On June 3, 2016, the President of Ukraine submitted a proposal to the Parliament to dismiss 12 members of the Central Election Commission (CEC) whose terms in office expired in June 2014 and to appoint 11 new CEC members.

Many national experts are adamant that 10 of the 11 proposed candidates are affiliated with parties that established a coalition in the Parliament. Among the CEC members proposed by the Present there are no nominees from Oleh Liashko’s Radical Party, Batkivshchyna, Narodovladdia and from the Opposition Bloc, even though the candidates from these parliamentary groups have previously (the end of 2015 and early 2016) been proposed. Should Parliament approve all 11 nominees suggested by the President, 11 out of 14 CEC members would be affiliated with the ruling coalition (further information on the proposed candidates can be found here). With such potential polarity in the CEC, many experts have expressed concern to whether the Commission would be able to perform as an independent, electoral management body (EMB) as required by the Law on Central Election Commission. Independence of any EMB in any country, be it governmental, independent or mixed is a cornerstone of its operations. The need for ensuring EMB independence is specifically highlighted in the Venice Commission’s Code of Good Practice in Electoral Matters, among other multilateral agreements.

While the President came up with a slate of proposed CEC members in June 2016, none of the nominees have been considered by the legislature so far. Hence, 12 out of 15 CEC commissioners continue holding their positions even though they should have been replaced in 2014.

Key steps to strengthen independence of Ukraine’s Central Election Commission

1. Representation of all party groups in the parliament while replacing the CEC members

Once the President has submitted his slate of 11 nominees to the CEC, it is the Parliament who should consider the candidates and adopt decisions on replacement. However, the proposed candidates cannot be considered without prior decision to terminate the powers of the incumbent Commissioners with expired terms. Therefore, the Parliament should immediately consider termination of office of the twelve commissioners with the expired terms and, subsequently, consider the President’s slate of nominees.

While considering the President’s list of candidates (or, in the case the list is rejected by the Parliament, and further negotiations between the President and the Parliament on candidates are held), the Verkhovna Rada of Ukraine should take into account the Venice Commission’s standards governing CEC appointments. According to the Venice Commission’s Code of Good Practice in Electoral Matters, the Central Election Commission and lower-level commissions should include at least one representative from each party represented in the parliament. Should the CEC be dominated by members affiliated with the ruling coalition, it could impede its ability to exercise impartially in its operations, as required by international standards. Therefore, each party group in the Rada should have representation in the CEC – either on an equal basis or in proportion to the number of its respective seats in Parliament. To prevent the risk of the CEC being dominated by certain parties, consideration should also be given to appointing CEC members not affiliated with any political party, for example representatives of civil society, independent experts, etc. However, in the latter case the legal criteria for the selection of non-party affiliated members should aim to prevent selection of candidates from   potentially marginal NGOs, or individuals who lack knowledge of elections, or are otherwise operators of special interest.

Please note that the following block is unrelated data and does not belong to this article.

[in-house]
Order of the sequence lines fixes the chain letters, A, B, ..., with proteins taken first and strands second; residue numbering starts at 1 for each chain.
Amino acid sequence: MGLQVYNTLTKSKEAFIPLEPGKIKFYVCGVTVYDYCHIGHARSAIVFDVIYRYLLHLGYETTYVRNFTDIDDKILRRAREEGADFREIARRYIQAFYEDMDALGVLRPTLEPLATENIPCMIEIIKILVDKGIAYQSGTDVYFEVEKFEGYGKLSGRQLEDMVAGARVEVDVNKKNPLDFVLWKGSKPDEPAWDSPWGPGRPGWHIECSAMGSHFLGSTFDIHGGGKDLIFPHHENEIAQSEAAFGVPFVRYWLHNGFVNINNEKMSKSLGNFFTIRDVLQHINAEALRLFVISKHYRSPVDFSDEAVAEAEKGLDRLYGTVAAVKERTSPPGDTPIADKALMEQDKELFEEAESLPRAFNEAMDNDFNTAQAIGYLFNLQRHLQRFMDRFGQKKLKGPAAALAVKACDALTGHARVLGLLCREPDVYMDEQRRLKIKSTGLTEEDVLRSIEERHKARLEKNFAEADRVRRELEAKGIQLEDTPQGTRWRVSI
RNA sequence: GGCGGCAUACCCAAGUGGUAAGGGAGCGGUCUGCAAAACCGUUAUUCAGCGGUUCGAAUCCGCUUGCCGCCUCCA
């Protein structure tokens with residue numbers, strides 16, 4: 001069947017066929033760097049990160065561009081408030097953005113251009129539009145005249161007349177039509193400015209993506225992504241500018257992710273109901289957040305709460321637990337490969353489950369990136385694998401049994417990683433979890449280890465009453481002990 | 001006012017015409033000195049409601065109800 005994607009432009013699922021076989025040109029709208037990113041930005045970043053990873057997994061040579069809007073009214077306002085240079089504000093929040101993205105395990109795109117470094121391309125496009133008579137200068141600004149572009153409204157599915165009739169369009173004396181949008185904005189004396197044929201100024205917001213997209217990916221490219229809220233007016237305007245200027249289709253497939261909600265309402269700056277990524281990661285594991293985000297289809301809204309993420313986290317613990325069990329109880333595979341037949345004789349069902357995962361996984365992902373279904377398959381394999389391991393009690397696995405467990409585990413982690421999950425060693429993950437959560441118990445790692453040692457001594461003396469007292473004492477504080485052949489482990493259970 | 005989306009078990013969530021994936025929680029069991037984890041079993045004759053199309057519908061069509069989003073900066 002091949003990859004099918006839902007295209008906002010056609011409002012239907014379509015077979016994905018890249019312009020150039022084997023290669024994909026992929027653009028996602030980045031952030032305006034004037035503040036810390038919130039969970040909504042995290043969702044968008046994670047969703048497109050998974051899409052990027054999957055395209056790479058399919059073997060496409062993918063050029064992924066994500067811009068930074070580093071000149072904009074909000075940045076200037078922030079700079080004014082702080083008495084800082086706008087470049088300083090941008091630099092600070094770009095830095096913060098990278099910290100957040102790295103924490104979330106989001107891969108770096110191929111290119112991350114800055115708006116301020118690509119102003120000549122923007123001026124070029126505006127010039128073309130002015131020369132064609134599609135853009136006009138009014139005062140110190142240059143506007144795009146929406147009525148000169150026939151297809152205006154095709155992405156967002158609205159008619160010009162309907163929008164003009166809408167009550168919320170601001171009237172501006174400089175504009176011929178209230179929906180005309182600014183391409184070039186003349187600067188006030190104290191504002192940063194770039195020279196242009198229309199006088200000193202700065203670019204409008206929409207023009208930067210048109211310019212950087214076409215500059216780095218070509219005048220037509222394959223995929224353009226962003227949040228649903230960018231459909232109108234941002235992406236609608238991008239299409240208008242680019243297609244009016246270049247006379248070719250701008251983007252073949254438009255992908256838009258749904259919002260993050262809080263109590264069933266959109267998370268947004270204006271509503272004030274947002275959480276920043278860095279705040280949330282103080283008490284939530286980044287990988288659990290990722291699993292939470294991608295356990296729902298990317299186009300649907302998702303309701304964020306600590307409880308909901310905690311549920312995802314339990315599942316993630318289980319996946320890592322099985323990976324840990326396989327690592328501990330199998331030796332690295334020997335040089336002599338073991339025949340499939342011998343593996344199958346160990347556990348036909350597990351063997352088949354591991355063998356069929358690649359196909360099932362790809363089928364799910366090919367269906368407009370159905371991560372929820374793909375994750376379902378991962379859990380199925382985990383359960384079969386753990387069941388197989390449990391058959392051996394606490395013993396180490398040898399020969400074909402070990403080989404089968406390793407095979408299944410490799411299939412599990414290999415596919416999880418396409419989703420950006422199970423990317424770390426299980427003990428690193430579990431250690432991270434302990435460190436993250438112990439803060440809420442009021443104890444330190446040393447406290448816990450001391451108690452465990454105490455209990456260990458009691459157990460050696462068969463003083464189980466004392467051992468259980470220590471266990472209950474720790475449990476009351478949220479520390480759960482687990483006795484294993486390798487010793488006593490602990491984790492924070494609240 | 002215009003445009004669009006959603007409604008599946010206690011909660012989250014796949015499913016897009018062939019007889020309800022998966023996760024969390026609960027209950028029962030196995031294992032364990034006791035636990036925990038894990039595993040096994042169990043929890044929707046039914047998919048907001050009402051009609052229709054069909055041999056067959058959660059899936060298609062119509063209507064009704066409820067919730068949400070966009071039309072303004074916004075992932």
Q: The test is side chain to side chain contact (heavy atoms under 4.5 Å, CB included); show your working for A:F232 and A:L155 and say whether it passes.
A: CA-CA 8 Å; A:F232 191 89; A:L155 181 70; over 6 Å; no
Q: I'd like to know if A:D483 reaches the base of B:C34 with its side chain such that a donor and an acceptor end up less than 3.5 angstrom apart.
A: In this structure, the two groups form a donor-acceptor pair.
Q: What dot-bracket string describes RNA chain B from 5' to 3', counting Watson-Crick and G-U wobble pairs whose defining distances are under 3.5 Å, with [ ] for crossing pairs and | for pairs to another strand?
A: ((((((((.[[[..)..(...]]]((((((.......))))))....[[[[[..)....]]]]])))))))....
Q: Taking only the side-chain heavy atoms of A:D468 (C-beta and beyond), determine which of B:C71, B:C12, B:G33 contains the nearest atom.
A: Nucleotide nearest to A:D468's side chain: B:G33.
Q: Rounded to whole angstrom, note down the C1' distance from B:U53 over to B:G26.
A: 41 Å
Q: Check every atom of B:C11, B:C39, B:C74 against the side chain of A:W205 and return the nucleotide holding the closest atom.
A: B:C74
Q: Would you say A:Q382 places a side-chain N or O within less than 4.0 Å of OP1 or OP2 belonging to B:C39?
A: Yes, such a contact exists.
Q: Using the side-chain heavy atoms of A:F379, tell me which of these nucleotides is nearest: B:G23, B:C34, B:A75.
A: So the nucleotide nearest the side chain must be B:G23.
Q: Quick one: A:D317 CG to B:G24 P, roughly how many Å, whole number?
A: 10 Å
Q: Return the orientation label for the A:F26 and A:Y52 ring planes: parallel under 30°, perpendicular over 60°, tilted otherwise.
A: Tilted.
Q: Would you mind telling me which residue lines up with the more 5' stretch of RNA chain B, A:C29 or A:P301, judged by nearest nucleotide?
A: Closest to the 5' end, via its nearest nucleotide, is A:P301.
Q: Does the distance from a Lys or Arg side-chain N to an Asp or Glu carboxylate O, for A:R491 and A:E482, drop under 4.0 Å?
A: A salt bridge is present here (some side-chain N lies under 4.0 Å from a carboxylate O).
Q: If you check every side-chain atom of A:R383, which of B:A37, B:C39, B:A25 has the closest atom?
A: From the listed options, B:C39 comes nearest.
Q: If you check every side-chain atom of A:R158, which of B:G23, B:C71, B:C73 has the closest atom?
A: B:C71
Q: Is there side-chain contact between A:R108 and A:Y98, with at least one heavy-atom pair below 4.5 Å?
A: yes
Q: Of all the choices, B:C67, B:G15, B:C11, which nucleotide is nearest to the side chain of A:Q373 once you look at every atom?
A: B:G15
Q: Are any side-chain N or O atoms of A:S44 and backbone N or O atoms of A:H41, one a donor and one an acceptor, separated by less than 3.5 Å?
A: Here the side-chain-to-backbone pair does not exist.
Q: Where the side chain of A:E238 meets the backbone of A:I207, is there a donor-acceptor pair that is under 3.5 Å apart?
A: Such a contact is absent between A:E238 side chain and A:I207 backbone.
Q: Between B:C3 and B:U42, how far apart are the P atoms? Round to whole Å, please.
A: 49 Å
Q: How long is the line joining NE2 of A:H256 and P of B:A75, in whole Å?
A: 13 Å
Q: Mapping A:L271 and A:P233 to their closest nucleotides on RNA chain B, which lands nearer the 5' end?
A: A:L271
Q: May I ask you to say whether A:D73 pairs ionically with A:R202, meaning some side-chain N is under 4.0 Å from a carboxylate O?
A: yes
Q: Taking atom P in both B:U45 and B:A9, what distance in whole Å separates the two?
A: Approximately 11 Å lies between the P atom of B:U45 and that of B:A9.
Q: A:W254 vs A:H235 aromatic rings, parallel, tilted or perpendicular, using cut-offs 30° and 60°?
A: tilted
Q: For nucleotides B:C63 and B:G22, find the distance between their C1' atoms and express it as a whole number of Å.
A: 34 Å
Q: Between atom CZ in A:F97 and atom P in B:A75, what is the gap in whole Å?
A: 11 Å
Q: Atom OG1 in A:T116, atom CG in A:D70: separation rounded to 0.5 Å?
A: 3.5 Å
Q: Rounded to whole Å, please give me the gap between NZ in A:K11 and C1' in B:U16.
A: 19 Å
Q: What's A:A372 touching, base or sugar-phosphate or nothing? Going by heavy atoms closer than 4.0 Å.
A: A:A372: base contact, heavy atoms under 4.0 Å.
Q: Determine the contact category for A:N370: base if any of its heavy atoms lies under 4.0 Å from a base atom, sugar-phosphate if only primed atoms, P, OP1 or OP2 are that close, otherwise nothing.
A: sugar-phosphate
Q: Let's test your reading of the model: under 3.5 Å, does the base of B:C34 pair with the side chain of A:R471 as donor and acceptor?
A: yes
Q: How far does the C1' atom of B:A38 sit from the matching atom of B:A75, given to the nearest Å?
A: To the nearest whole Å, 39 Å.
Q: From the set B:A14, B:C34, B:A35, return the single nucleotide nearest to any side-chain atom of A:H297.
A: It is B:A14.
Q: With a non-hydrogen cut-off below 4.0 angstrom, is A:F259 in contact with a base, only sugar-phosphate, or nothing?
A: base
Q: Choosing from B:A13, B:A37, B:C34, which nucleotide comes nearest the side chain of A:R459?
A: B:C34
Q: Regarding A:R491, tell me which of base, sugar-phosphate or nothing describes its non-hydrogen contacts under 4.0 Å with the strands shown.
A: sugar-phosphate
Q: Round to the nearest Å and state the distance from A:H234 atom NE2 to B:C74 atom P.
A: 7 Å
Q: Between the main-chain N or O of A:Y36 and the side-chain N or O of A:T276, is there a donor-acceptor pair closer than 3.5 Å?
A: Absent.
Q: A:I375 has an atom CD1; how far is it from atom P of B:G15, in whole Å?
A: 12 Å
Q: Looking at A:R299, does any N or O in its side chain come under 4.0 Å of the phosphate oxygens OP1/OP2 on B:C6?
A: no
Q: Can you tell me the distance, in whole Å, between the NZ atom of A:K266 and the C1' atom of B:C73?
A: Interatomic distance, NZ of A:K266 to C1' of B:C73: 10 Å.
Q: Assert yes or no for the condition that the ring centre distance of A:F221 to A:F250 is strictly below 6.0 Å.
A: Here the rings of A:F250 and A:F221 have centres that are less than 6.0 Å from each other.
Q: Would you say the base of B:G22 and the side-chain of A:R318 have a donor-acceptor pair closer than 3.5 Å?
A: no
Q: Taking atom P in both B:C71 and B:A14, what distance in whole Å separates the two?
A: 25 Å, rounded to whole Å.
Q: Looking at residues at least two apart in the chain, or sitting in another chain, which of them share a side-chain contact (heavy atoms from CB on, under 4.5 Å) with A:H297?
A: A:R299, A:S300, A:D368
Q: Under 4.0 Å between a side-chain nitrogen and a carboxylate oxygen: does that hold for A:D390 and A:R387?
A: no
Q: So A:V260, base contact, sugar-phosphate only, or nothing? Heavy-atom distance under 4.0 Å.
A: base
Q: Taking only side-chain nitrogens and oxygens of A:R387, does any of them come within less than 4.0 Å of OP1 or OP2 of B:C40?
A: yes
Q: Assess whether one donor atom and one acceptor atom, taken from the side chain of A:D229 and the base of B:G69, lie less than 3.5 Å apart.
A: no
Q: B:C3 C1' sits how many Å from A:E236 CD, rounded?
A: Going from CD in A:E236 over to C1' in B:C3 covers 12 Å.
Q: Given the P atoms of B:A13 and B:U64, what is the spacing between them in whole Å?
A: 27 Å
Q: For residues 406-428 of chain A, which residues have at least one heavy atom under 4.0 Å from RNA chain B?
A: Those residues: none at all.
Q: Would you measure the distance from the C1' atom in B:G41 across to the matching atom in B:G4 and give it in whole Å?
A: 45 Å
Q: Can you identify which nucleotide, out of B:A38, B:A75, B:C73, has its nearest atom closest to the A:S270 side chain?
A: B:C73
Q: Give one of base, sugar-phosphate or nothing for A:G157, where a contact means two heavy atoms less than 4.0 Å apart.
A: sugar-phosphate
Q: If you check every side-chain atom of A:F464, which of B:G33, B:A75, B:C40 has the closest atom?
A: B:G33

2. Constitutional and legal amendments aimed to strengthen the CEC’s independence

Once the new CEC composition is approved by Parliament, the Verkhovna Rada should consider the amendments to the Constitution and to the Law on the Central Election Commission that seek to strengthen the independence of the Commission and enforce Commissioners to hold their posts and observe the legally established terms of office.